Mar. 4, 2003 MADISON - To survive and thrive in a decidedly hostile environment, the lowly tapeworm uses a chemical trick to evade the propulsive nature of its intestinal home.
Capitalizing on that tapeworm chemistry, scientists at the University of Wisconsin-Madison believe they may have found a way to slow the transit of drugs through the intestine, making them more effective in their delivery and holding out the promise not only of more effective treatment, but also of lowering dosage and cost, and eliminating wasted medicine.
This new insight comes via the tapeworm Hymenolepis diminuta, a species found in rats and long used as a research model by parasitologists. By sorting through the soup of biochemicals the tapeworm uses to influence muscle activity in the gut, a group led by John Oaks of the School of Veterinary Medicine, and Paul Bass of the School of Pharmacy has isolated a chemical signal factor that may help prolong the time it takes for medicines to move through the small intestine.
"Most oral medications would benefit from prolonged small intestinal residence," says Bass, an emeritus professor of pharmacy. "Almost all drugs we take orally are absorbed from the small intestine. By prolonging the medication's residence time in that organ, we should enhance its absorption and obtain higher blood levels of the medication."
The compound characterized by Oaks and Bass, known in scientific shorthand as cyclic GMP, is a member of a family of compounds known generically as signal factors. Its role is to alter the electrochemical activity of the muscles in the intestine, slowing or shutting down intestinal transit of the host, actions that help the tapeworm obtain a meal or otherwise survive in an organ designed to quickly sweep food along.
"Inside cells, cyclic GMP is a signal molecule," notes Oaks, a professor of comparative bioscience. "It tells cells how to behave. When the tapeworm secretes this signal molecule, the intestine closes off and nothing moves. That suggested to us that the intestine is not digesting material as it normally would."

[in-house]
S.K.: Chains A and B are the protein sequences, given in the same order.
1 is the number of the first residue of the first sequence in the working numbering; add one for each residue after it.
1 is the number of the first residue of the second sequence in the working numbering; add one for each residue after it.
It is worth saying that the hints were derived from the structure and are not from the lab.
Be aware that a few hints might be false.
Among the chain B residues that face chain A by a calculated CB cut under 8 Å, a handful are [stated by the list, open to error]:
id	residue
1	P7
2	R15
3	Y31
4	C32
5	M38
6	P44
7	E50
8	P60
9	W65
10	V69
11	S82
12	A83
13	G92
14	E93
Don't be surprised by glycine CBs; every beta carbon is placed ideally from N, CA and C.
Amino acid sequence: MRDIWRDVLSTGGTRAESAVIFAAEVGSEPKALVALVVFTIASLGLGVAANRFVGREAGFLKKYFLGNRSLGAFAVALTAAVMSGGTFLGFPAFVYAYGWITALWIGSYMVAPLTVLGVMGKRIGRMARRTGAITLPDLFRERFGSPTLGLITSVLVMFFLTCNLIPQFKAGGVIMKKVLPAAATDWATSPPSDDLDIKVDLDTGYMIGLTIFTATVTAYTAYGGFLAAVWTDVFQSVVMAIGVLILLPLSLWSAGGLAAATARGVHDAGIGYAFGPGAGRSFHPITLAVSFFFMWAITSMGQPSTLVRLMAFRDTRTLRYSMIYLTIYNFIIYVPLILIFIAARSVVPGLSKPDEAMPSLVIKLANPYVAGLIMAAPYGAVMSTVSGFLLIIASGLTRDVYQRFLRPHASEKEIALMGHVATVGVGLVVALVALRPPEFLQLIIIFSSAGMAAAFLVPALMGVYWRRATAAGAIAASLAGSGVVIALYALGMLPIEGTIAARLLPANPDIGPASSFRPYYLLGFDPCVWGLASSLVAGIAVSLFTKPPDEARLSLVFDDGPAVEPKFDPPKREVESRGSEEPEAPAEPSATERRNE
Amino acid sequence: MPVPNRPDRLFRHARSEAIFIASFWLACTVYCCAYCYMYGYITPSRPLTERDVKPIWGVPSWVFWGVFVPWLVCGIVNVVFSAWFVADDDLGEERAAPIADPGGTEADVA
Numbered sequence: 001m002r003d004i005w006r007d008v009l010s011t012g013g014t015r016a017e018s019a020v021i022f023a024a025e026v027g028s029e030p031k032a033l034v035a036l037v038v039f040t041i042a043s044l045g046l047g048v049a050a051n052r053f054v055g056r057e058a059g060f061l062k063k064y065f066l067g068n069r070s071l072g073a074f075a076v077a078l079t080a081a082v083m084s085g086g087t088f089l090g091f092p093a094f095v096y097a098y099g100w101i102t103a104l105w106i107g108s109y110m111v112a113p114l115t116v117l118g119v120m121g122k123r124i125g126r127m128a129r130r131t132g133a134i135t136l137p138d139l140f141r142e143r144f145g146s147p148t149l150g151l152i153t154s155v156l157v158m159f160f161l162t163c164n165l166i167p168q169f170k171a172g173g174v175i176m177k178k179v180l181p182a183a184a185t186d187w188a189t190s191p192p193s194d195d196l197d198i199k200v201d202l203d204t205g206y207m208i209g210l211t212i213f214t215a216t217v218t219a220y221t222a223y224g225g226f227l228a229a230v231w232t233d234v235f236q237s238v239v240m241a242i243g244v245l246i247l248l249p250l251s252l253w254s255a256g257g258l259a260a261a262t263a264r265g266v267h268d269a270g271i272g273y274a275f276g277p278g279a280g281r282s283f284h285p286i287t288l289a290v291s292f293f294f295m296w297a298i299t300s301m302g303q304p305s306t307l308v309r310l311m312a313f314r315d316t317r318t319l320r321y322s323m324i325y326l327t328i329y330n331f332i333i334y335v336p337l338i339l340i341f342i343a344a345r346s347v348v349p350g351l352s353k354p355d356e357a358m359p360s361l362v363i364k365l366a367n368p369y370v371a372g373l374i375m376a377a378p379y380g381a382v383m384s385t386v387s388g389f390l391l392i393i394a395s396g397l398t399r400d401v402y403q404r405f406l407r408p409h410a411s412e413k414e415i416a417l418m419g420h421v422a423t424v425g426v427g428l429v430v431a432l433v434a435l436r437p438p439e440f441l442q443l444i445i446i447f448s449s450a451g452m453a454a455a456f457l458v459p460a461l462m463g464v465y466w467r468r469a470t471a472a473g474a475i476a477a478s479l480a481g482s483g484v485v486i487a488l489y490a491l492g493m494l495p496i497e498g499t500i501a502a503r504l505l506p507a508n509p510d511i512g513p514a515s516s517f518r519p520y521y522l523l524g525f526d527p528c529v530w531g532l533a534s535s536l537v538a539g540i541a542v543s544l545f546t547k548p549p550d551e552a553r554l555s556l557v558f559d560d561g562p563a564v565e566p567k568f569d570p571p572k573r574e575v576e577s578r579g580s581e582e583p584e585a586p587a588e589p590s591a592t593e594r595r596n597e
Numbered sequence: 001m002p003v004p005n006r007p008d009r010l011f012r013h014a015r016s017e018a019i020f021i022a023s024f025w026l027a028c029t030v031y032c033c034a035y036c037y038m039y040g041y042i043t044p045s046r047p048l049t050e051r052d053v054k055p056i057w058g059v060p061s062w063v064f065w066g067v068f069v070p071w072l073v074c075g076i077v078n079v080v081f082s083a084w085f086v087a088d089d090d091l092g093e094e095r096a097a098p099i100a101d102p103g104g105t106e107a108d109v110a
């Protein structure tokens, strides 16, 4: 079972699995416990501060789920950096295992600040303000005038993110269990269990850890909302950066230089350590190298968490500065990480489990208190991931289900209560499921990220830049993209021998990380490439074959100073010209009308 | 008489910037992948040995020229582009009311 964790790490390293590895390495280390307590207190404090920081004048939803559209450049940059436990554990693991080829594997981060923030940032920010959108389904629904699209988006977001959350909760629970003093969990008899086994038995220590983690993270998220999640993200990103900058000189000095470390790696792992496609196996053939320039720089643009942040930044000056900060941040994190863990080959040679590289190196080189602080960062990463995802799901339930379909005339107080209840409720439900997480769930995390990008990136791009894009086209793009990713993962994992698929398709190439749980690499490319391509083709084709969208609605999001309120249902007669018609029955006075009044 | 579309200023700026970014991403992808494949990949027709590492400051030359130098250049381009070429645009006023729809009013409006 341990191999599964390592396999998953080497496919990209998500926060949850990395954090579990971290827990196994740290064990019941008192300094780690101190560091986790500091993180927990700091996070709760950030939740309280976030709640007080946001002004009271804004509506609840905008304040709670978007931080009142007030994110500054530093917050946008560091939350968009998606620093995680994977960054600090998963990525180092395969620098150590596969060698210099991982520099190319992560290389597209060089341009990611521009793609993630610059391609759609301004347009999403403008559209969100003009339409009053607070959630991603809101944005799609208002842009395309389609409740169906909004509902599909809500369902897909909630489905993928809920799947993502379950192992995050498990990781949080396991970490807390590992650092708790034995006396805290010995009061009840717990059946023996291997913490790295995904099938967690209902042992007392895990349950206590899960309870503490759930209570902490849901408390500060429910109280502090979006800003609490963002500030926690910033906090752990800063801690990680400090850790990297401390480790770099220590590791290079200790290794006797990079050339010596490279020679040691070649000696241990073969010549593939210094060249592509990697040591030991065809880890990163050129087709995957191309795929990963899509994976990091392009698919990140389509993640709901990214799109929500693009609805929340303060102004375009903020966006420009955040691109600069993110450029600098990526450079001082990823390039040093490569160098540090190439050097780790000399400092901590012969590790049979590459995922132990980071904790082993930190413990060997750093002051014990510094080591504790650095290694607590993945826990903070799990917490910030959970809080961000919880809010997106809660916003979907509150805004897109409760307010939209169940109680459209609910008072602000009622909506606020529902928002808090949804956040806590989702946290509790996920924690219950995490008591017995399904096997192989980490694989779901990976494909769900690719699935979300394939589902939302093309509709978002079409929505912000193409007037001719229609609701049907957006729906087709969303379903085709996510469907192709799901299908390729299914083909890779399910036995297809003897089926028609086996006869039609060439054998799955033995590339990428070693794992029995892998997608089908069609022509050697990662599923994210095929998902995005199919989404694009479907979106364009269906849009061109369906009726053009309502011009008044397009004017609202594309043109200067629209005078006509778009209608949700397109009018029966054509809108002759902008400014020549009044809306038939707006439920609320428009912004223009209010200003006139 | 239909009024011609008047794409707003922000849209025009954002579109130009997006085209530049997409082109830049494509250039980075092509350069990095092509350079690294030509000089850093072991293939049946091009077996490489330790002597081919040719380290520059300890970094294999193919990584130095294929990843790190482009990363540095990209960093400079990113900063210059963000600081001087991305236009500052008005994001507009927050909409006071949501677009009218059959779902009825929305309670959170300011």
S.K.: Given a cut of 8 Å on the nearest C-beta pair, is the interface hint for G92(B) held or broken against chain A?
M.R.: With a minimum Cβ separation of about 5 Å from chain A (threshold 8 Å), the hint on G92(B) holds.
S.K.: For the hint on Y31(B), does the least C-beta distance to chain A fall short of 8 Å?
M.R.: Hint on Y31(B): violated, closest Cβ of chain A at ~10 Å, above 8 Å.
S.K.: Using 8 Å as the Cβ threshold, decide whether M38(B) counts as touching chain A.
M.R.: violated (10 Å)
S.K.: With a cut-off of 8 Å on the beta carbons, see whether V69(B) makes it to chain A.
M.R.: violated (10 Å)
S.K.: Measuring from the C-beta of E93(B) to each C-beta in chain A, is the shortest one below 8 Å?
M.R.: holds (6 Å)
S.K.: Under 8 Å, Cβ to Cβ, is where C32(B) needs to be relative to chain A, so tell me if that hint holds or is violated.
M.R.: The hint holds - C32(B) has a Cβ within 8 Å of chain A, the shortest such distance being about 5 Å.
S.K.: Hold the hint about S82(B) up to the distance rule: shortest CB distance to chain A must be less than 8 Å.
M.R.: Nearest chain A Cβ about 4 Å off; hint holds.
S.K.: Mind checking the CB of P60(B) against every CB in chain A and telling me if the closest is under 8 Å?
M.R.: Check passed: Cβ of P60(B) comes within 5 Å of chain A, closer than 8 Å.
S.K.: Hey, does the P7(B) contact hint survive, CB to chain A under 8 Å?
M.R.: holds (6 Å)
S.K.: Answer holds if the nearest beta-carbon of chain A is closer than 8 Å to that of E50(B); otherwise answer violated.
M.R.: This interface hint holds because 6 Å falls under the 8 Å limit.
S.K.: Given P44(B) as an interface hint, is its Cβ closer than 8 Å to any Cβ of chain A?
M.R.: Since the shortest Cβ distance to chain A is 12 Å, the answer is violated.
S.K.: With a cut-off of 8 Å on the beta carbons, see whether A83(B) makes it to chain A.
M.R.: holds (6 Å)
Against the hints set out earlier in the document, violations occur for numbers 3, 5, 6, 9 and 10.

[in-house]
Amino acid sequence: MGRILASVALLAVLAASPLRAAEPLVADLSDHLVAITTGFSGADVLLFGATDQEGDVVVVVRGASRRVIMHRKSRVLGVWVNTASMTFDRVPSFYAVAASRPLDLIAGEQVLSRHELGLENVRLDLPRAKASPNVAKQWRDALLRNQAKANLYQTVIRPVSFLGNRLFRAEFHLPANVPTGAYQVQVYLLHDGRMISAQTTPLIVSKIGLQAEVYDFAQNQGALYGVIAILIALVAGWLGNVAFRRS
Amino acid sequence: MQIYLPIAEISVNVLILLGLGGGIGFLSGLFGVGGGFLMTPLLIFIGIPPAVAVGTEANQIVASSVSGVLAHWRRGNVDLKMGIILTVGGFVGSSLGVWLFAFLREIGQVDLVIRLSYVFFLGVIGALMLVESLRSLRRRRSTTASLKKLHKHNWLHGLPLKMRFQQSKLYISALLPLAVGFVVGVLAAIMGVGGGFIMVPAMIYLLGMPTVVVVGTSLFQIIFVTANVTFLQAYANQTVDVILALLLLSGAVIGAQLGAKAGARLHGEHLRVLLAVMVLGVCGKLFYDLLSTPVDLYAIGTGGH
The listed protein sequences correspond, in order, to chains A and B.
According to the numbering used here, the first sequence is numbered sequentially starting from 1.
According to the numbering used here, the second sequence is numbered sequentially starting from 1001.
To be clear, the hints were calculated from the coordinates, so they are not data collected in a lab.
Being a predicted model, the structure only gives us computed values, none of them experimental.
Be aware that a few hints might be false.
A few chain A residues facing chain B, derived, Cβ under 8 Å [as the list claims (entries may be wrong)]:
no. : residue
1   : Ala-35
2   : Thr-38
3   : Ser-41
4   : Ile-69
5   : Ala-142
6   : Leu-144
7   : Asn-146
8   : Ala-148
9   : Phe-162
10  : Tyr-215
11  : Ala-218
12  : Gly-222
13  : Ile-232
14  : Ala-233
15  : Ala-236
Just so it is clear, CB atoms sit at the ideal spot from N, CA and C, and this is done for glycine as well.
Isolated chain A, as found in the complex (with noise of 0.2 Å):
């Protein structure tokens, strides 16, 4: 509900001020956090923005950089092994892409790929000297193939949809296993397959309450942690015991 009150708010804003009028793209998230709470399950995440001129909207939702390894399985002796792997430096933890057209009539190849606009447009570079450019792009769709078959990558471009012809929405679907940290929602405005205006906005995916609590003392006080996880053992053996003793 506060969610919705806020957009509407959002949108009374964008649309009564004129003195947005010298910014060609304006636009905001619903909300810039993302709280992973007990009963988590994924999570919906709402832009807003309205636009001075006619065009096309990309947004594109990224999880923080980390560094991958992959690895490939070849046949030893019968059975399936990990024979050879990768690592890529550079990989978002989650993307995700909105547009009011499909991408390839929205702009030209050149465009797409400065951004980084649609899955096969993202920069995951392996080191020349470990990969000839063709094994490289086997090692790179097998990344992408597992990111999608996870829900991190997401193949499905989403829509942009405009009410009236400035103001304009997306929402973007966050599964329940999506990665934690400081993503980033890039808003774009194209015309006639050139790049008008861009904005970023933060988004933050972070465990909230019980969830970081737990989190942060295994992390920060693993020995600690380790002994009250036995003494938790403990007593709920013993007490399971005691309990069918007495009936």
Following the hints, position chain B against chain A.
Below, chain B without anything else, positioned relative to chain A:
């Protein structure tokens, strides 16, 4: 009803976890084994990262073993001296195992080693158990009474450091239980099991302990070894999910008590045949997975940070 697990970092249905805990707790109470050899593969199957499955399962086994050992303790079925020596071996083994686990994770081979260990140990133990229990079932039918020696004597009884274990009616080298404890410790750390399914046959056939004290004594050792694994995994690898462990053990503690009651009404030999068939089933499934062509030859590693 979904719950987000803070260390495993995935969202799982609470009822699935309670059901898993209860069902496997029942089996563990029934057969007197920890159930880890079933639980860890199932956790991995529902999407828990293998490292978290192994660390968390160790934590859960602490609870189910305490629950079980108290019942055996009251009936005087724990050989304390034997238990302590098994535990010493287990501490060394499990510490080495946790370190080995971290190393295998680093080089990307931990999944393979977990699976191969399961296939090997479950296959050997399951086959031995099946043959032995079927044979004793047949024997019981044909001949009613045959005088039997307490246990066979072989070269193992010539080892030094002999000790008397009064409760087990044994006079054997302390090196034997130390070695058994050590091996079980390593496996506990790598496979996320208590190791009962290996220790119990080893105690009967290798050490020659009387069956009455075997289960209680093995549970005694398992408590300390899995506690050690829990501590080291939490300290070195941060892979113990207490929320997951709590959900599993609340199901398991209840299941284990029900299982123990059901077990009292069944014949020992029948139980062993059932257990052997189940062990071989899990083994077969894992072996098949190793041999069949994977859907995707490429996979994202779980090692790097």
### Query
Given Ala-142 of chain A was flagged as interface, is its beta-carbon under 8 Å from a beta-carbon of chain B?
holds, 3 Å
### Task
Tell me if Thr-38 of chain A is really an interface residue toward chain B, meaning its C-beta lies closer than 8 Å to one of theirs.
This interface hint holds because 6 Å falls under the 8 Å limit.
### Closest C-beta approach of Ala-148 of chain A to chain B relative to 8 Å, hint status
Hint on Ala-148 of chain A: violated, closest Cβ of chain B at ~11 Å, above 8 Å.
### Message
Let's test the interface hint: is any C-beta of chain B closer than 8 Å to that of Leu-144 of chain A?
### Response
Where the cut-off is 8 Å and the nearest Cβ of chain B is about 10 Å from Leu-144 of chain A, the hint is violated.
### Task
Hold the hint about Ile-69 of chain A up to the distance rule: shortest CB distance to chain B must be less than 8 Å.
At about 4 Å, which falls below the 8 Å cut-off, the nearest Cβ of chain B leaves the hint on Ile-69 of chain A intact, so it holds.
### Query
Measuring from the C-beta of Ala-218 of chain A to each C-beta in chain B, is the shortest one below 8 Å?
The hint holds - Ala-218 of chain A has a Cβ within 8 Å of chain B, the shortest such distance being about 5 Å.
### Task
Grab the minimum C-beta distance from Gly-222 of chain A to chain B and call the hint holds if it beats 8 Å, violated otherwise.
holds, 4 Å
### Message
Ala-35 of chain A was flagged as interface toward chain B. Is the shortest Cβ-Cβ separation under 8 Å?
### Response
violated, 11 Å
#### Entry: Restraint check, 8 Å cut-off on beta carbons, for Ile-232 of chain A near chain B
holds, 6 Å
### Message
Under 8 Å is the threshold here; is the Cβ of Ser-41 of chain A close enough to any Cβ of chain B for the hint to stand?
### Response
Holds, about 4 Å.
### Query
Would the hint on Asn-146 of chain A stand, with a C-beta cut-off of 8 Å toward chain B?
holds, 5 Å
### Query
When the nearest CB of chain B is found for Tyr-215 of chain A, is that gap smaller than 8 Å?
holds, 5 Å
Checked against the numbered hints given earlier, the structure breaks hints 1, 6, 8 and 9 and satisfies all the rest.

The cyclic GMP compound, Oaks adds, is cheap and easy to synthesize. Its use as an additive to medicines has been patented by the Wisconsin Alumni Research Foundation.
"Many drugs are absorbed at less than 50 percent from the intestine," says Oaks. "The key will be can we use cyclic GMP with certain kinds of drugs to increase their level of uptake into the blood?"
An example of a drug that might be more effective if it passed through the intestine at a slower pace is Fosamax, a medicine used to combat osteoporosis that is made by the pharmaceutical giant Merck. The company claimed Fosamax sales totaling $1.3 billion in 2000.
"It currently is taken by many women to prevent or treat osteoporosis," Bass says. "But this medication is only 1 percent absorbed. We believe our signal factor could possibly enhance absorption and thereby reduce the amount of medication that is taken."
By lowering dosages of different medications, it might be possible to lower the cost of medicines. Some drugs are prohibitively expensive to produce and reducing dosages could help consumers now contending with the escalating costs of many pharmaceuticals.
Other potential benefits associated with lower dosages include lessened side effects and fewer chemicals released into the environment. A recent survey of surface water in the United States revealed a growing presence of drugs in the environment. The suspected sources are medicines that are not completely metabolized by the humans and animals they are administered to.
"If we could halve the dosage, we could lower the percentage of nonabsorbed drug that ends up in the environment," says Oaks.
The work done by the Wisconsin team, which also included K. Dubear Kroening and Noah P. Zimmerman, was funded in part by a grant from the National Institutes of Health.
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